Stanford mechanical engineering PhD student Deepak Krishnamurthy is among the recipients of the 2020 Schmidt Science Fellowship. He joins 21 other early-career scientists from across the globe as members of the third cohort of fellows.
“It’s an incredible honor to be selected for this program. I am excited both for its focus on interdisciplinary scientific training and the lifelong fellowship which forms the core of it,” Krishnamurthy said. “I feel extremely fortunate to be given this opportunity at this stage of my career to pivot into a complementary discipline.”
The Schmidt Science Fellows program is a year-long, postdoctoral fellowship that aims to develop the next generation of science leaders through interdisciplinary research to solve the world’s most pressing challenges, including infectious disease, climate change and biodiversity loss.
Fellows receive a $100,000 stipend and are paired with an internationally accomplished and experienced senior scientist who provides mentorship. During the course of the program, fellows learn new scientific concepts, attend science symposiums and engage with other researchers, as well as business and policy professionals.
“This will go a long way in my training as an interdisciplinary scientist and will push me to take up scientific problems that impact global challenges,” Krishnamurthy said. “In particular, I am passionate about applying my engineering and physical biology training to understanding life in the ocean.”
Krishnamurthy is from the coastal city of Chennai in south India. He completed his undergraduate studies in mechanical engineering at the Birla Institute for Technology and Science (BITS-Pilani) in Pilani, as well as a master’s degree in fluid mechanics at the Jawaharlal Nehru Centre for Advanced Scientific Research (JNCASR) in Bengaluru, India. At Stanford, he works with the Prakash Lab in the Department of Bioengineering. His doctoral research has encompassed organismal biophysics and developing new tools for biology, as well as understanding the swimming motility of the schistosomiasis parasite and human infection from a physical biology perspective. More recently, he and Prakash have been designing and building a novel tracking microscopy system.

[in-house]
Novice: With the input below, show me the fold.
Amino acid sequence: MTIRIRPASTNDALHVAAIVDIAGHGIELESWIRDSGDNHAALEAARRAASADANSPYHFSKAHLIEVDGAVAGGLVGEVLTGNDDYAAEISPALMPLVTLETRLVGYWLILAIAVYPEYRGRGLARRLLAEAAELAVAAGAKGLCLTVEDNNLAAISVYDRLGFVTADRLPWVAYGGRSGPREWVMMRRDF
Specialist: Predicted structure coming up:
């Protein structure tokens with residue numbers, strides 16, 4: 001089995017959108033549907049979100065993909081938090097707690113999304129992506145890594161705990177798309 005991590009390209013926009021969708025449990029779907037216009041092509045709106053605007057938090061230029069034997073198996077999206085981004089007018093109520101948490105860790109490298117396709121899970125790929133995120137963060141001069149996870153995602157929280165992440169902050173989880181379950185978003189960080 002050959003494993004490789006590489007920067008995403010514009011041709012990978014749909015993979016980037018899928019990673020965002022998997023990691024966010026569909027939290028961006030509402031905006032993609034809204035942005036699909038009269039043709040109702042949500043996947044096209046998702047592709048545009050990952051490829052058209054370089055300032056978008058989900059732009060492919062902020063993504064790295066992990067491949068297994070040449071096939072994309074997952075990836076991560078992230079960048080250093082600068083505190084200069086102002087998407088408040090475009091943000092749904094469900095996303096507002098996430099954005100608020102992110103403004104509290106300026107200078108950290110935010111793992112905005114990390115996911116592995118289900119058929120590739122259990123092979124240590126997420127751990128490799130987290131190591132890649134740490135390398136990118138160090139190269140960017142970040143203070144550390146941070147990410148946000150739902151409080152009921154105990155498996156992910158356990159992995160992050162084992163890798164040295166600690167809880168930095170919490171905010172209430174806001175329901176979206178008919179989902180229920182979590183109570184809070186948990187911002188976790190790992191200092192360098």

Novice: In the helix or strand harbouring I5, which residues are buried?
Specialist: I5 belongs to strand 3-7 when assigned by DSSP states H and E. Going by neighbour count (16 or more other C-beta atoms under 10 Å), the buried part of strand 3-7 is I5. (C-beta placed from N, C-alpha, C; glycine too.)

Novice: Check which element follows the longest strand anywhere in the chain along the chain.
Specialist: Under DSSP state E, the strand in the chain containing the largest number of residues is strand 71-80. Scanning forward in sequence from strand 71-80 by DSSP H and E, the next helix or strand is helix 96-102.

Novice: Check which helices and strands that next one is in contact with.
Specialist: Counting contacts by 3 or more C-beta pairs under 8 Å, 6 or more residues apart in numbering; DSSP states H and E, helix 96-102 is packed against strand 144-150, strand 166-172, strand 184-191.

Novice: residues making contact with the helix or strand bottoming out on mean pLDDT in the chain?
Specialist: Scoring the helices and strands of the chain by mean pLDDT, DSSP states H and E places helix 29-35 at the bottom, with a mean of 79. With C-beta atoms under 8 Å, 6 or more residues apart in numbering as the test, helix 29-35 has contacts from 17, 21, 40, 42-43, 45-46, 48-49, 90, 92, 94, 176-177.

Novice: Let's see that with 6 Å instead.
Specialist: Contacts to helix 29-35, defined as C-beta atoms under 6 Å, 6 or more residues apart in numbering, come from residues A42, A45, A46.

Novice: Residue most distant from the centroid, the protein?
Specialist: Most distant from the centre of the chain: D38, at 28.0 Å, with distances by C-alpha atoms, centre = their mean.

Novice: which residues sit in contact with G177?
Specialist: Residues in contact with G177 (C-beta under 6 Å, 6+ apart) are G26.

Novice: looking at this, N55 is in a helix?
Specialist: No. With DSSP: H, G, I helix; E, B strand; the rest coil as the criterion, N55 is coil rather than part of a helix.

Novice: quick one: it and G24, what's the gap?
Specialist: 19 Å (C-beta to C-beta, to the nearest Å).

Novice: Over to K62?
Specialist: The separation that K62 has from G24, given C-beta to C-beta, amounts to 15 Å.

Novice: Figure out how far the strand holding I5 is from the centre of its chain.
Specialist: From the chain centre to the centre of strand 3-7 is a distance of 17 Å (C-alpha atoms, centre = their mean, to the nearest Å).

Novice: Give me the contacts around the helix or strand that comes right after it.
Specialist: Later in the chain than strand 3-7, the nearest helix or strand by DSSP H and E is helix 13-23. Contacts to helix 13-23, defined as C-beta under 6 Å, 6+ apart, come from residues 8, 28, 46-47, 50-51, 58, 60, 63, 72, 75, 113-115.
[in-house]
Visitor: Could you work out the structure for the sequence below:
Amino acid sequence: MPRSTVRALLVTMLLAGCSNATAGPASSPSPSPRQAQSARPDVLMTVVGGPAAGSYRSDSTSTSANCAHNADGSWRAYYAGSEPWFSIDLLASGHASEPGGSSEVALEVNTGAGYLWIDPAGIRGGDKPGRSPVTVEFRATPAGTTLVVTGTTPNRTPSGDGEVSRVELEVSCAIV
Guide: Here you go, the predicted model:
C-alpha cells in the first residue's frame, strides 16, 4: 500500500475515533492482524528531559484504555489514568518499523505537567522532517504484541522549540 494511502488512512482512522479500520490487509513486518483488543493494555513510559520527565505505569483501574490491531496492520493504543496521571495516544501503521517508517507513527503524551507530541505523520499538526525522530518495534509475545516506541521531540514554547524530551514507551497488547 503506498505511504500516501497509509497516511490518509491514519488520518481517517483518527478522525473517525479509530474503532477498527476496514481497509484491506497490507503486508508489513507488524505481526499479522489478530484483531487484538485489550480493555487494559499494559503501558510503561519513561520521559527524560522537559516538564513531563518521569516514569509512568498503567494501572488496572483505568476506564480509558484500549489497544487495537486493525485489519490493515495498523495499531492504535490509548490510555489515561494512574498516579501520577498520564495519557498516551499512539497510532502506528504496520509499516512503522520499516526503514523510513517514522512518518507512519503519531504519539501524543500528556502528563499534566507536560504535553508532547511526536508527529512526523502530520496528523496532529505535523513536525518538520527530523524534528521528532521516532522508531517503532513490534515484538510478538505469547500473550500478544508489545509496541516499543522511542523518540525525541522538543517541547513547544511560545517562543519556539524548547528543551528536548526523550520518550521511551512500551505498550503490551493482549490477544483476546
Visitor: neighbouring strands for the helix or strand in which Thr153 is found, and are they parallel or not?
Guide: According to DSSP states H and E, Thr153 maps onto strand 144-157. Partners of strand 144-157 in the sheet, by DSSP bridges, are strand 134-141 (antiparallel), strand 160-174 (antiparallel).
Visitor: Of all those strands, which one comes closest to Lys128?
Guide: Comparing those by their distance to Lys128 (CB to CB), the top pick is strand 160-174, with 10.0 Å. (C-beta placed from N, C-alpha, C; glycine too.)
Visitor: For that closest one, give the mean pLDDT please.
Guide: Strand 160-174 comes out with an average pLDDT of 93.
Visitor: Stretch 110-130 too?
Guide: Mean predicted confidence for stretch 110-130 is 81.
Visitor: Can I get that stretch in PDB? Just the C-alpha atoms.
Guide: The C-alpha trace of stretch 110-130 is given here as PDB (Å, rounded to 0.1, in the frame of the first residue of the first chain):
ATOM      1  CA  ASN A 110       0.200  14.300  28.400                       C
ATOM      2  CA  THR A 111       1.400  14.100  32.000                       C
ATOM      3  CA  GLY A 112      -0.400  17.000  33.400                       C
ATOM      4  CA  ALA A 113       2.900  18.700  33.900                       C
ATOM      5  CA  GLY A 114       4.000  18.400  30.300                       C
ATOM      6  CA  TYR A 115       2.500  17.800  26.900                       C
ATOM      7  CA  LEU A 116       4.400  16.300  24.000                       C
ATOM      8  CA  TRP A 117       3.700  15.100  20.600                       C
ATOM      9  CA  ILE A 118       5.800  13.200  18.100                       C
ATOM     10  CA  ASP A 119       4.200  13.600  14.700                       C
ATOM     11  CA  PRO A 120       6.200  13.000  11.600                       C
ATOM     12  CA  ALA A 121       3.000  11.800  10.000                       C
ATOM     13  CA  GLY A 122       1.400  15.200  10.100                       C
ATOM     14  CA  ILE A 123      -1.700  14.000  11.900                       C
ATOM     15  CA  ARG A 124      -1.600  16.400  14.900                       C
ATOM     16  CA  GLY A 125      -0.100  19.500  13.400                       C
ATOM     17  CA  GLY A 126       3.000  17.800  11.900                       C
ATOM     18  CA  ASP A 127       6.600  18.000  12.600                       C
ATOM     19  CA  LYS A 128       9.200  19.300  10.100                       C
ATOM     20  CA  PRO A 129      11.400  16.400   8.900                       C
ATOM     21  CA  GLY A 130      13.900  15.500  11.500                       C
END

“This microscope allows you to follow single cells as though they are in an infinite water column, for the first time enabling microscopy tools to be used in studying problems in ocean biophysics and ecology,” Krishnamurthy said.
As a Schmidt Science Fellow, Krishnamurthy aims to combine molecular and computational science to reveal how genetic and biochemical mechanisms in single-cell ocean organisms permit them to sense gravity and affect their behaviors. He hopes this work will lead to a better understanding of how changing oceans impact every scale of marine life.
The Schmidt Science Fellows 2020 cohort includes fellows from eight countries and 17 institutions. Stanford alum Kalli Kappel, who graduated in 2019 with a PhD in biophysics, is also one of this year’s fellows.
The Schmidt Science Fellows program is part of Schmidt Futures, a philanthropic initiative founded by Eric and Wendy Schmidt. The program was established in partnership with the Rhodes Trust, which awards the Rhodes Scholarship. Now in its third year, the Schmidt Science Fellows program currently has more than 50 emerging scientists working at universities, startups, nonprofit organizations and national research institutes.
At Stanford, the Office of the Vice Provost for Graduate Education coordinates the selection of nominations, which are forwarded by individual schools and then reviewed by a committee of school representatives. Only a handful of nominees is submitted to the Schmidt Science Fellows program, which evaluates the nominations and invites a select number of students to apply. The program will announce its next cohort in spring 2021.
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